A key cell process that could cause damage to bile ducts and help explain some liver diseases has been identified by scientists.
Experiments showed that triggering the process harms vital cells in bile ducts, while blocking the process reverses liver damage in mice.
The findings could help develop new treatments for bile duct diseases, which are linked to increased risk of cancers and liver failure, researchers say.
Scientists sought to better understand how disease is caused in bile ducts. Damage to the ducts - small channels running through the liver that help the body dispose of waste - can result in tissue scarring and liver failure.
Researchers at the University of Edinburgh examined liver tissue donated by patients with chronic bile duct disease. They found evidence of a cell process known as senescence, which was not seen in healthy people.
Senescence - when aged cells no longer undergo natural division - has an important role in the normal function of the body.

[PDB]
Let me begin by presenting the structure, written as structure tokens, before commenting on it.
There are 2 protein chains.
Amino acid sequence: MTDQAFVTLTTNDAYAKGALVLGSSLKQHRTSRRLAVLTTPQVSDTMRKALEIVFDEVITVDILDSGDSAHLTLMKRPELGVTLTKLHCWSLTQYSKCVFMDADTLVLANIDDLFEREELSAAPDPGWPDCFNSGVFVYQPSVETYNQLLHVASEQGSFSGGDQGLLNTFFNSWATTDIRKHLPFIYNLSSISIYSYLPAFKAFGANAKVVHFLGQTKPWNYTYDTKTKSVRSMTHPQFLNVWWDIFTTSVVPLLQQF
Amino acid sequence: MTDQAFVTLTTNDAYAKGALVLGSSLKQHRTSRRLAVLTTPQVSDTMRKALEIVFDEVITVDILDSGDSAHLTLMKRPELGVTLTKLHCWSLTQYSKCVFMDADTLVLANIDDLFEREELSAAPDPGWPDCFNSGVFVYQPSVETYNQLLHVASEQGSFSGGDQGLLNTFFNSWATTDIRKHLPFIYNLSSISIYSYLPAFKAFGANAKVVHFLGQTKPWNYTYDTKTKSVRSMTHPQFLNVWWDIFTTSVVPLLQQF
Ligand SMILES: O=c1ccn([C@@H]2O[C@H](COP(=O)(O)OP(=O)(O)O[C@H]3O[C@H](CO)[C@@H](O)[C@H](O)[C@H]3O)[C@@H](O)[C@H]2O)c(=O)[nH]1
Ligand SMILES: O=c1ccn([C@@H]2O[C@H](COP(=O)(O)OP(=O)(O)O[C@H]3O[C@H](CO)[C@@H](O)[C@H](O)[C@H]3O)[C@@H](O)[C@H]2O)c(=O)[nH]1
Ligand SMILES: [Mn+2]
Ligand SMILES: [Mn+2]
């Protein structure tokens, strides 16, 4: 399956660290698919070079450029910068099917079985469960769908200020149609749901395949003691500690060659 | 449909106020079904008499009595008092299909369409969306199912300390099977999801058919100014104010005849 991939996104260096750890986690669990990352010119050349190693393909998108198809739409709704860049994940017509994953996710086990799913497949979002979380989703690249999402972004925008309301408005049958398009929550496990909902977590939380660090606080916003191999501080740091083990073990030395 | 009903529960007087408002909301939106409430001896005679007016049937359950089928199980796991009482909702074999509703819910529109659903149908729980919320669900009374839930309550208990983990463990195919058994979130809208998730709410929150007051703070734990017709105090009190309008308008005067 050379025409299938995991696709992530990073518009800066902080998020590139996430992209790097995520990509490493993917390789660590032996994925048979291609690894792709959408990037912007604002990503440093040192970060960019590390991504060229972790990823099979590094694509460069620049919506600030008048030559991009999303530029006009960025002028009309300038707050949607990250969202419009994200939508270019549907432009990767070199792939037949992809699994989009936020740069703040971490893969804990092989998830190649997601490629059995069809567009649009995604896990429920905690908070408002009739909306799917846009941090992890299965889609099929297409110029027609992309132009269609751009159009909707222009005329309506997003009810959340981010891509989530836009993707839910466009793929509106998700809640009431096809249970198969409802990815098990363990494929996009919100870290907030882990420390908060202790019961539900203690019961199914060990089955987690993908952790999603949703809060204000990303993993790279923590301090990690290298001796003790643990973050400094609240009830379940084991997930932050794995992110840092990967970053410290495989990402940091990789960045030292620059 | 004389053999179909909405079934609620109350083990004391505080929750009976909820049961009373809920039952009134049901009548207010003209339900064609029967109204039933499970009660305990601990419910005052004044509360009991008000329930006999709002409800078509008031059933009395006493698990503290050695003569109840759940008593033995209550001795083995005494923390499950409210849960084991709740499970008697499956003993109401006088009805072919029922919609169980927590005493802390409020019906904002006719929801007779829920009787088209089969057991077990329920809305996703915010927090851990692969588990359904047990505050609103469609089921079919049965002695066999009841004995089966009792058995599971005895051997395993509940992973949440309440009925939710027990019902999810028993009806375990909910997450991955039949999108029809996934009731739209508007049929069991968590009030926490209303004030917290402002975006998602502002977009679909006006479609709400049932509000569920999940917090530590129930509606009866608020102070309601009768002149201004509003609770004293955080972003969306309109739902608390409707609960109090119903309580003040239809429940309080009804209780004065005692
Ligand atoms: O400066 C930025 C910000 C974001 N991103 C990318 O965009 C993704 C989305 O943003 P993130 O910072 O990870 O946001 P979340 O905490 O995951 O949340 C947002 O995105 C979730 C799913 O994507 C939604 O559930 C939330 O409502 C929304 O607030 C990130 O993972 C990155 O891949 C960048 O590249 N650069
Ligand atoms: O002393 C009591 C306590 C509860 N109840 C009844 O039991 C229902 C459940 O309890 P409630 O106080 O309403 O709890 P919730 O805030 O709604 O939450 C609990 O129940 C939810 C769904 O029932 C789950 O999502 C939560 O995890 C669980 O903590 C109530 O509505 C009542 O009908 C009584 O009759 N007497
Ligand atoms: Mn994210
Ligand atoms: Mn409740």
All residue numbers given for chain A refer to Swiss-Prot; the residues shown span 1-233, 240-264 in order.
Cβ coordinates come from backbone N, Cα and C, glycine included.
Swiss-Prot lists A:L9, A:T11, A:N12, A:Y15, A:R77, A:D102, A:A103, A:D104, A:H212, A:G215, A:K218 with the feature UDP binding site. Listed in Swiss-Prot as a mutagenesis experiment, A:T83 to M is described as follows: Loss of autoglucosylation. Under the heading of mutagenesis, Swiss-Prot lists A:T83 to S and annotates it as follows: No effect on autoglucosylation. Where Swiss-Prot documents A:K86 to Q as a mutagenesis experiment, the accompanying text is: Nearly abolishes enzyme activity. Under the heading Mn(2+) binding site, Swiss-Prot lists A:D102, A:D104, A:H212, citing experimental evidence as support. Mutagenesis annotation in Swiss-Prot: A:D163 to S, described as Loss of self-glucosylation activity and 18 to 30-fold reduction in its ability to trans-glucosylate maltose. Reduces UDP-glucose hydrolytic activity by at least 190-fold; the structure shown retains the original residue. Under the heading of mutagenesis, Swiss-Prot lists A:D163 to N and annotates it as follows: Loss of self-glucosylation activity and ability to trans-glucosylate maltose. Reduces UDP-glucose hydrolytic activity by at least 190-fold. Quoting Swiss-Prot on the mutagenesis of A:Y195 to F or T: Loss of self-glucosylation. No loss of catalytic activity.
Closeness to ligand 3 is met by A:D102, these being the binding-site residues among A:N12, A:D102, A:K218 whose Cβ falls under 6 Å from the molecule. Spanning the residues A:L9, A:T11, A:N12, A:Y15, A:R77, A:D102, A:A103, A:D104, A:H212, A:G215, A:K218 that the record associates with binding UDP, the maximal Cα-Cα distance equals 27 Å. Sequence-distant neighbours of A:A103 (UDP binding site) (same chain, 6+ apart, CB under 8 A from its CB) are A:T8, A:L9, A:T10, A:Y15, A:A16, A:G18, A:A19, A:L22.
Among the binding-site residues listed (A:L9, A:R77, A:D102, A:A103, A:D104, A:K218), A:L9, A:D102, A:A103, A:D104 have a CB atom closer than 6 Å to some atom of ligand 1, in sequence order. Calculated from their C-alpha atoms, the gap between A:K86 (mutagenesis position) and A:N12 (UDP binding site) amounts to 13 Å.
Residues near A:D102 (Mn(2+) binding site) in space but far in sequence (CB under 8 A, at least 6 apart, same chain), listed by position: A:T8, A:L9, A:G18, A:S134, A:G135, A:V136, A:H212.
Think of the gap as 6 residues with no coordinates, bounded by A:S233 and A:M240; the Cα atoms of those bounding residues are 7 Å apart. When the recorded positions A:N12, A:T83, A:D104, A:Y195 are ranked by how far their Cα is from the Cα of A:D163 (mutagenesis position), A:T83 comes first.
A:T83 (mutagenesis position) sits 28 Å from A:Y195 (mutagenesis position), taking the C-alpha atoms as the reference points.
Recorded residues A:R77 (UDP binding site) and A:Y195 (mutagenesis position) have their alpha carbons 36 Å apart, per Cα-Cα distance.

However, the research shows that senescence also contributes to disease, preventing repair of damaged bile ducts caused by wear and tear, leading to liver failure.
Tests in mice found that inducing senescence in bile duct cells - mimicking the process seen in human bile duct disease - led to liver scarring and damage of liver function.
Blocking chemical messages sent out by cells during senescence restored liver function in mice, pointing towards new treatment targets.
The study, published in the journal Nature Communications, was funded by the Medical Research Council (MRC).
Professor Stuart Forbes, Director of the MRC Centre for Regenerative Medicine at the University of Edinburgh, said "Bile duct disease has been poorly understood and this has severely hampered the development of effective treatment. This work takes meaningful steps towards understanding this debilitating disease, identifying a potential target for future therapies."
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Sofia Ferreira-Gonzalez et al, Paracrine cellular senescence exacerbates biliary injury and impairs regeneration, Nature Communications (2018). DOI: 10.1038/s41467-018-03299-5